Oscar winner plays a boater who takes his family on a haunted ride in barely passable horror film

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The problem with a haunted boat movie with an above-average cast is at its core it's still just a haunted boat movie. 

That's the issue with "Mary," which stars Gary Oldman and Emily Mortimer as a couple riding the high seas in a vessel with a history of making its passengers go cuckoo. All the acting in the world can't overcome such a straightforward script, and "Mary" doesn't give its crew anything to do but go through the motions until they eventually capsize.  

Oldman, not far removed from his bellowing, Oscar-winning performance as Winston Churchill in "Darkest Hour," plays David, a down-on-his-luck charter boat captain who sees an opportunity in a broken down old boat he finds for sale in a harbor. He doesn't have the means to pay for it, necessarily, but he decides to go big and springs the news on his family that they're the proud new owners of Mary, a crusty old boat with a mysterious past. Yay?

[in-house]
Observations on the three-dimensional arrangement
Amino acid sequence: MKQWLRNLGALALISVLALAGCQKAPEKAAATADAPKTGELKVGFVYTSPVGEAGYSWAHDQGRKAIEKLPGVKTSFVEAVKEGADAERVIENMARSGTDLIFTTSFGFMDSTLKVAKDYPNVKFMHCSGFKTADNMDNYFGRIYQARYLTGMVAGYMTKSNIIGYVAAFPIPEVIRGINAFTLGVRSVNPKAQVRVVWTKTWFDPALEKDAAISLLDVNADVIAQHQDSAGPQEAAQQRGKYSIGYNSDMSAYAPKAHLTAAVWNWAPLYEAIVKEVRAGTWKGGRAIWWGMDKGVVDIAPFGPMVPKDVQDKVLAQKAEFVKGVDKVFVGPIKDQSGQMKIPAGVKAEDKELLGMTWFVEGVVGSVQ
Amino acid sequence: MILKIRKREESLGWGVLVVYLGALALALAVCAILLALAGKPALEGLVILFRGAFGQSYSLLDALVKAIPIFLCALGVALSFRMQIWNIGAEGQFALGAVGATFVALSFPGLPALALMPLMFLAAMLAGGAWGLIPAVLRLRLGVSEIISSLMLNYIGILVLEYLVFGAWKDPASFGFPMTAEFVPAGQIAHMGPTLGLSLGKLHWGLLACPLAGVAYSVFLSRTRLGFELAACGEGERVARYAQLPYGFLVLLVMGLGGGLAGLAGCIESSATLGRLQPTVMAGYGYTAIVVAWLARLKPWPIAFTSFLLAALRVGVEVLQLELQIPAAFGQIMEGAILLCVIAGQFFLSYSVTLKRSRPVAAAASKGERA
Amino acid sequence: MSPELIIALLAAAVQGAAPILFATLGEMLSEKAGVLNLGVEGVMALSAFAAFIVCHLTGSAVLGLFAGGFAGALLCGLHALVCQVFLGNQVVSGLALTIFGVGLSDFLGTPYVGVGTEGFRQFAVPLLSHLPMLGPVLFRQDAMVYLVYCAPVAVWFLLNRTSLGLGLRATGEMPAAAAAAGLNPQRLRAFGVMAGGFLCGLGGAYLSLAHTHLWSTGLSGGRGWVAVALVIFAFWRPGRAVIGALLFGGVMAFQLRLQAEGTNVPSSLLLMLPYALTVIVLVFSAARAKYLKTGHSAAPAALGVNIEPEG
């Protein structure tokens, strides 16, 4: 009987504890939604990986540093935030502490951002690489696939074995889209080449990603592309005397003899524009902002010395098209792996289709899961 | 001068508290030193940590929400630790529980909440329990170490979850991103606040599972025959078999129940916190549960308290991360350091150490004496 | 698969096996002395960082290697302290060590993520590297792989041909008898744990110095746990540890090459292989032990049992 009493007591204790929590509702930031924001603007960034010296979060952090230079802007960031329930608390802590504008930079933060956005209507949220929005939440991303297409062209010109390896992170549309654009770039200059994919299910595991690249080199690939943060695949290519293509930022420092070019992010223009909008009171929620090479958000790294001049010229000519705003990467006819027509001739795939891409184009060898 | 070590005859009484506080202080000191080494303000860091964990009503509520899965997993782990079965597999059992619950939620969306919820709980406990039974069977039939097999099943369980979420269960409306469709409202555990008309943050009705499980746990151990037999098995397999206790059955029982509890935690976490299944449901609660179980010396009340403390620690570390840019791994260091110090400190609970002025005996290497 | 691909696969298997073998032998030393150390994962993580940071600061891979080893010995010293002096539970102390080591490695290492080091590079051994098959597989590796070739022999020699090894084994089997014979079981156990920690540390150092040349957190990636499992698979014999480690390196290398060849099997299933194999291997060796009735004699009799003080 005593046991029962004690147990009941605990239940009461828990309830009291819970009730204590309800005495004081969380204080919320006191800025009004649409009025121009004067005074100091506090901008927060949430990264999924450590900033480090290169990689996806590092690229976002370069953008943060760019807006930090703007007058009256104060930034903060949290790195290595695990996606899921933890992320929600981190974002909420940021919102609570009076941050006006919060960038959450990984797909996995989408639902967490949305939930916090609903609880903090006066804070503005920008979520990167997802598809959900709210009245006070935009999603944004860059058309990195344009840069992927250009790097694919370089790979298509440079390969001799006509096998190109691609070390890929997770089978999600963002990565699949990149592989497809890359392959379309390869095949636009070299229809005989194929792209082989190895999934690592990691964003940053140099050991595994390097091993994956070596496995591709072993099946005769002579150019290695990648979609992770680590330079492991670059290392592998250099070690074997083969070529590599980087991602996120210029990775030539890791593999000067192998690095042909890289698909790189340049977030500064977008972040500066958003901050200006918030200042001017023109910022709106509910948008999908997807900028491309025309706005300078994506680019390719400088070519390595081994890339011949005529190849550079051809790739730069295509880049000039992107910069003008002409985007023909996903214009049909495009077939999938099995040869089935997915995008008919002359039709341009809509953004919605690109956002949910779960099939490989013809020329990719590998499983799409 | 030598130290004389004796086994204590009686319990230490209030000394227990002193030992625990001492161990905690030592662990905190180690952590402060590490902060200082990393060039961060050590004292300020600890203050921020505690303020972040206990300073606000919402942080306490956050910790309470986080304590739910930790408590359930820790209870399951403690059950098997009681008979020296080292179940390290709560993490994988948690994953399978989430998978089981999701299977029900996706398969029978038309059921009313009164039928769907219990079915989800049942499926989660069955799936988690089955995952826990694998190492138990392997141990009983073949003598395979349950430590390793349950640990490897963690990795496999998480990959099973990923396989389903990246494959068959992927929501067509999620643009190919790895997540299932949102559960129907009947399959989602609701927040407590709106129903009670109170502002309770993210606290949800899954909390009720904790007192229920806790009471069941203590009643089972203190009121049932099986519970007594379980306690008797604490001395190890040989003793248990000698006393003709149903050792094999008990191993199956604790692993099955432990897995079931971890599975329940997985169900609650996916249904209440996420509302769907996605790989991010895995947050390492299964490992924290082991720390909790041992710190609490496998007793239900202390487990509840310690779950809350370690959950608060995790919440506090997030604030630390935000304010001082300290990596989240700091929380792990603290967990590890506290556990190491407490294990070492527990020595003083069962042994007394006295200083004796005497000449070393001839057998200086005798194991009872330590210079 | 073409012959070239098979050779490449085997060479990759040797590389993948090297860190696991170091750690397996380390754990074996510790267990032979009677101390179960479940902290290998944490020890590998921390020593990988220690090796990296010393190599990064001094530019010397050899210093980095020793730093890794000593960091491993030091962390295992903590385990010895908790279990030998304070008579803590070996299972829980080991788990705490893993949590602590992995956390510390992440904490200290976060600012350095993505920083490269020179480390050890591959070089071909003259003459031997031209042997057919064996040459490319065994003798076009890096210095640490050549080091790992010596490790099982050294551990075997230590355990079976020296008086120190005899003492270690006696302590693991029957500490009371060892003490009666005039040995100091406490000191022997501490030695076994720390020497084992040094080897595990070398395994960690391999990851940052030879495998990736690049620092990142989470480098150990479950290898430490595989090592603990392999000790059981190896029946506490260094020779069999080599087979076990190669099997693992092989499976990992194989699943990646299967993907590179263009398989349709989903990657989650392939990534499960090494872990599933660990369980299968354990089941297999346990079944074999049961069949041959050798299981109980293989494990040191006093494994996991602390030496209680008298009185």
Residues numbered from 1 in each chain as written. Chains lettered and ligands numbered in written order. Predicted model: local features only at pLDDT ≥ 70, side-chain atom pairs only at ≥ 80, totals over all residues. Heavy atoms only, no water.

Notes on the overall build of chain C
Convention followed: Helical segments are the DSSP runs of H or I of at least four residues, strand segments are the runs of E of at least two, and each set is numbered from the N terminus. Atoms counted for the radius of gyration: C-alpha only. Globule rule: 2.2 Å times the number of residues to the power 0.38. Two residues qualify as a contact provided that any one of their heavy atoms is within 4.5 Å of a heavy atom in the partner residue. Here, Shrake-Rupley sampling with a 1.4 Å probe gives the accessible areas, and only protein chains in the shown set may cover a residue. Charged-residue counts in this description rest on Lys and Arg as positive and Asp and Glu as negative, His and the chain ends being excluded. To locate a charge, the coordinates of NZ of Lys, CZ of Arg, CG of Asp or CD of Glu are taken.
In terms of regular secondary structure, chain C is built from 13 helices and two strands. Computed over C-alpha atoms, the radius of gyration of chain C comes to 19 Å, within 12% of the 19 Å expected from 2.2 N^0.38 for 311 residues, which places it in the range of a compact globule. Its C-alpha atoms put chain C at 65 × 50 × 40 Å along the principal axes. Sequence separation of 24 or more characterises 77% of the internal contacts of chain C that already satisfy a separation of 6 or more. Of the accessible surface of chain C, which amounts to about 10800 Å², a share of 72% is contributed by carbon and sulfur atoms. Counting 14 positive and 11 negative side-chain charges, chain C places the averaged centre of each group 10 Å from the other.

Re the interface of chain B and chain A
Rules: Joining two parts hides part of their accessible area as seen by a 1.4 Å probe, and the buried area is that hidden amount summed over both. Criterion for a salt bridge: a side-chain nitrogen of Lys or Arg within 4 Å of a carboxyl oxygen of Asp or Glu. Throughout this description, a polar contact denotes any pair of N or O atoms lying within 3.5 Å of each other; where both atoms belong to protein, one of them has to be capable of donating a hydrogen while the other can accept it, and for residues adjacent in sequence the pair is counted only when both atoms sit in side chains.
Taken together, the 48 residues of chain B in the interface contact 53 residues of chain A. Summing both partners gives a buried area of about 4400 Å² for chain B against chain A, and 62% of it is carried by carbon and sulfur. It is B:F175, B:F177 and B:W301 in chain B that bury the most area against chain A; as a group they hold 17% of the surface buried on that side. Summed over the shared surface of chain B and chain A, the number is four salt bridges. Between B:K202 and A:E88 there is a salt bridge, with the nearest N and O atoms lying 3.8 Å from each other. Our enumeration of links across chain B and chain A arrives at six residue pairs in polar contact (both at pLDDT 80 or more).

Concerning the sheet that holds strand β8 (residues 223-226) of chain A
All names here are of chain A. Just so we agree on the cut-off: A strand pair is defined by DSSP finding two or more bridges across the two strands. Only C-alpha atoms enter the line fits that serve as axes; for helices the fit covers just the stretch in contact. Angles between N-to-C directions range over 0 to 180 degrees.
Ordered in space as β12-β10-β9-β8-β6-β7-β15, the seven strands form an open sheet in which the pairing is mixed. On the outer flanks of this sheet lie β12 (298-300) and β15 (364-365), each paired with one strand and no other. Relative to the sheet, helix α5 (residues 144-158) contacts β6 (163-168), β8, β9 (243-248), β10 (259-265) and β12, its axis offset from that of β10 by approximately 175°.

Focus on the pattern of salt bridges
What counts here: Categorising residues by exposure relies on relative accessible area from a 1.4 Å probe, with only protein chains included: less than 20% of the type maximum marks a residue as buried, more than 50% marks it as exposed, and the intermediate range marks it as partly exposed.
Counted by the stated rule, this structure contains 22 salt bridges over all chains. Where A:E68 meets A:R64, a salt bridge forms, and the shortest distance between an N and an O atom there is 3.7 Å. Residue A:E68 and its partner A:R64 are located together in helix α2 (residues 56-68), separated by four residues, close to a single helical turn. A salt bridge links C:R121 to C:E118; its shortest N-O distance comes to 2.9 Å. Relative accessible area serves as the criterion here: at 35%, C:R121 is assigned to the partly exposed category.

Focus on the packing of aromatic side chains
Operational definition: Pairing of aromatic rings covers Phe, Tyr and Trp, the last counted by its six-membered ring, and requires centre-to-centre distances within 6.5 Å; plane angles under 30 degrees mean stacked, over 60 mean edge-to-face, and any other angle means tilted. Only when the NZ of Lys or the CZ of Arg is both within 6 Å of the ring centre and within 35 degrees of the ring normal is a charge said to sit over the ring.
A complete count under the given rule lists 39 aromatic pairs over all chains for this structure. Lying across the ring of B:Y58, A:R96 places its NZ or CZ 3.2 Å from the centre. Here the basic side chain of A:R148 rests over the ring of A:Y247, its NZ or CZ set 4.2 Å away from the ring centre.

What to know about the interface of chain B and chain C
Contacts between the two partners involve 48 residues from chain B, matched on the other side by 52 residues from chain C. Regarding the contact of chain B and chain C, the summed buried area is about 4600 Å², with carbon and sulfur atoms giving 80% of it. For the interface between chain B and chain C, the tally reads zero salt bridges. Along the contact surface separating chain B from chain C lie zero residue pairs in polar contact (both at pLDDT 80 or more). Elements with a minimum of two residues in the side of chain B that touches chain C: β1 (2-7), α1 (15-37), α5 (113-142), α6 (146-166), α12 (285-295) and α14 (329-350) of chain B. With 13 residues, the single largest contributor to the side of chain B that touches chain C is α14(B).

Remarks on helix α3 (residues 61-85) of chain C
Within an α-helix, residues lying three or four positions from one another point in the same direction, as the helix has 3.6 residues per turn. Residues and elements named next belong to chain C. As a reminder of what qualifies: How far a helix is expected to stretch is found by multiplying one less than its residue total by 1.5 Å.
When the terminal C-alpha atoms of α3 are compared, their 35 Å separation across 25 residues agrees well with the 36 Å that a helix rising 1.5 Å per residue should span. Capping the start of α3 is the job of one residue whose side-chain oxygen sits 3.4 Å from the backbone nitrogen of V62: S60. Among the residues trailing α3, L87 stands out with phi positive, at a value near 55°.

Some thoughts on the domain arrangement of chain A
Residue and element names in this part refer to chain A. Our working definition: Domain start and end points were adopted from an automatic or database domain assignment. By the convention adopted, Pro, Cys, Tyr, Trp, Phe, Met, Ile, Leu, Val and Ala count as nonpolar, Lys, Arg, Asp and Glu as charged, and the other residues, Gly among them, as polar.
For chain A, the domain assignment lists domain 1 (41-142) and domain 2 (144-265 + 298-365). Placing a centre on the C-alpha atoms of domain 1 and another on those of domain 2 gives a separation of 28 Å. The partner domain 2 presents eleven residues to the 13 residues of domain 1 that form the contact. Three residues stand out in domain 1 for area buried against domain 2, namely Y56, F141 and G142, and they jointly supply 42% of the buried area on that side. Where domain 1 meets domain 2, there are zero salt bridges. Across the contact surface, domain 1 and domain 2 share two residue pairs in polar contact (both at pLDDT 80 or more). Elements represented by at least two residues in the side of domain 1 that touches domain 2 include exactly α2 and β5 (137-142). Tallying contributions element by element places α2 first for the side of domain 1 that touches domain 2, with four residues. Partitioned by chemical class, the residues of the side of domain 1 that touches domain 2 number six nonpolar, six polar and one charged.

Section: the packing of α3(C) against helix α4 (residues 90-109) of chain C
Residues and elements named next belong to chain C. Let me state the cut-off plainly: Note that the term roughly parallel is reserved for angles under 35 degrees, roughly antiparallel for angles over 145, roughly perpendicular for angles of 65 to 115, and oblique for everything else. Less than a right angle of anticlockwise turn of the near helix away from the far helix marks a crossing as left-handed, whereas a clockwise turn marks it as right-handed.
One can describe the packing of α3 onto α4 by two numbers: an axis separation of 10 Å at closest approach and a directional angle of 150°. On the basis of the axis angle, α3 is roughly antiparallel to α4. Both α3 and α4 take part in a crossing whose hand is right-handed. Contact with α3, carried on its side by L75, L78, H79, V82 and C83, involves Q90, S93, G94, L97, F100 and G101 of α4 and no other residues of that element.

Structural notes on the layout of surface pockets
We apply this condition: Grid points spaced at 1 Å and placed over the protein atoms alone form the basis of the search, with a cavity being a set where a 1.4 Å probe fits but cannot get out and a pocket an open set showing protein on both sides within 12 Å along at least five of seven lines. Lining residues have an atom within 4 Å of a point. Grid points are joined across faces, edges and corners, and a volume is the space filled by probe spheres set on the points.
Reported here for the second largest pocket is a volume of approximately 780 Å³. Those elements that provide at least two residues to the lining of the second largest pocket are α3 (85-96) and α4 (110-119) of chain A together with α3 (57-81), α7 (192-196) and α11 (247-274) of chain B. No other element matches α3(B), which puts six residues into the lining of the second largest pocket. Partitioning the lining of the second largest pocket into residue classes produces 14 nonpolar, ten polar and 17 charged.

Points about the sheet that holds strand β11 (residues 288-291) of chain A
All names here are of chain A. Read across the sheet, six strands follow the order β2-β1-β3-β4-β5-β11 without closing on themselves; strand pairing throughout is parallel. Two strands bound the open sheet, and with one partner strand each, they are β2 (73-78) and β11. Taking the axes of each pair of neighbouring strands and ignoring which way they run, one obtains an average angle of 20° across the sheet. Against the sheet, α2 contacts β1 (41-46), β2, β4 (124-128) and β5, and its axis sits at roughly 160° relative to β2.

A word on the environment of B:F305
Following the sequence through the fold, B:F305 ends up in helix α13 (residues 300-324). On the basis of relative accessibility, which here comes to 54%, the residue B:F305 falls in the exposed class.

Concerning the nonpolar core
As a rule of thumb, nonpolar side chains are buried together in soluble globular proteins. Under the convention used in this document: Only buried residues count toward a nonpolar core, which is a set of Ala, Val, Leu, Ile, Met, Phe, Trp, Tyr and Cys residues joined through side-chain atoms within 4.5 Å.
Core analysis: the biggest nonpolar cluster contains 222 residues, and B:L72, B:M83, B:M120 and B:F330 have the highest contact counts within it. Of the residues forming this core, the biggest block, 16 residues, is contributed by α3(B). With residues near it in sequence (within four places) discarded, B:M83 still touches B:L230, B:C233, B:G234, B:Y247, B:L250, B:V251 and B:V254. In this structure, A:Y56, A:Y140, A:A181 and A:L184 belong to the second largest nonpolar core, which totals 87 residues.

Mortimer is Sarah, David's wife, who isn't exactly thrilled about the purchase but is trying to make the most of the situation after her recent infidelity nearly derailed their family. Their two daughters are along for the ride, and since their youngest shares a name with the sailboat, how bad could it be? 

Pretty bad, it turns out, and strange things begin to happen to the passengers once they set sail. Director Michael Goi, who also shot the film, tosses a few playful camera tricks in the mix but mostly this is routine stuff, well below the level of talent assembled. Hopefully Gary Oldman got himself a nice boat with his paycheck, because otherwise "Mary" is out to sea.

'Mary'

GRADE: C-

Rated R: for some terror, violence, and language

Running time: 84 minutes

agraham@detroitnews.com

@grahamorama

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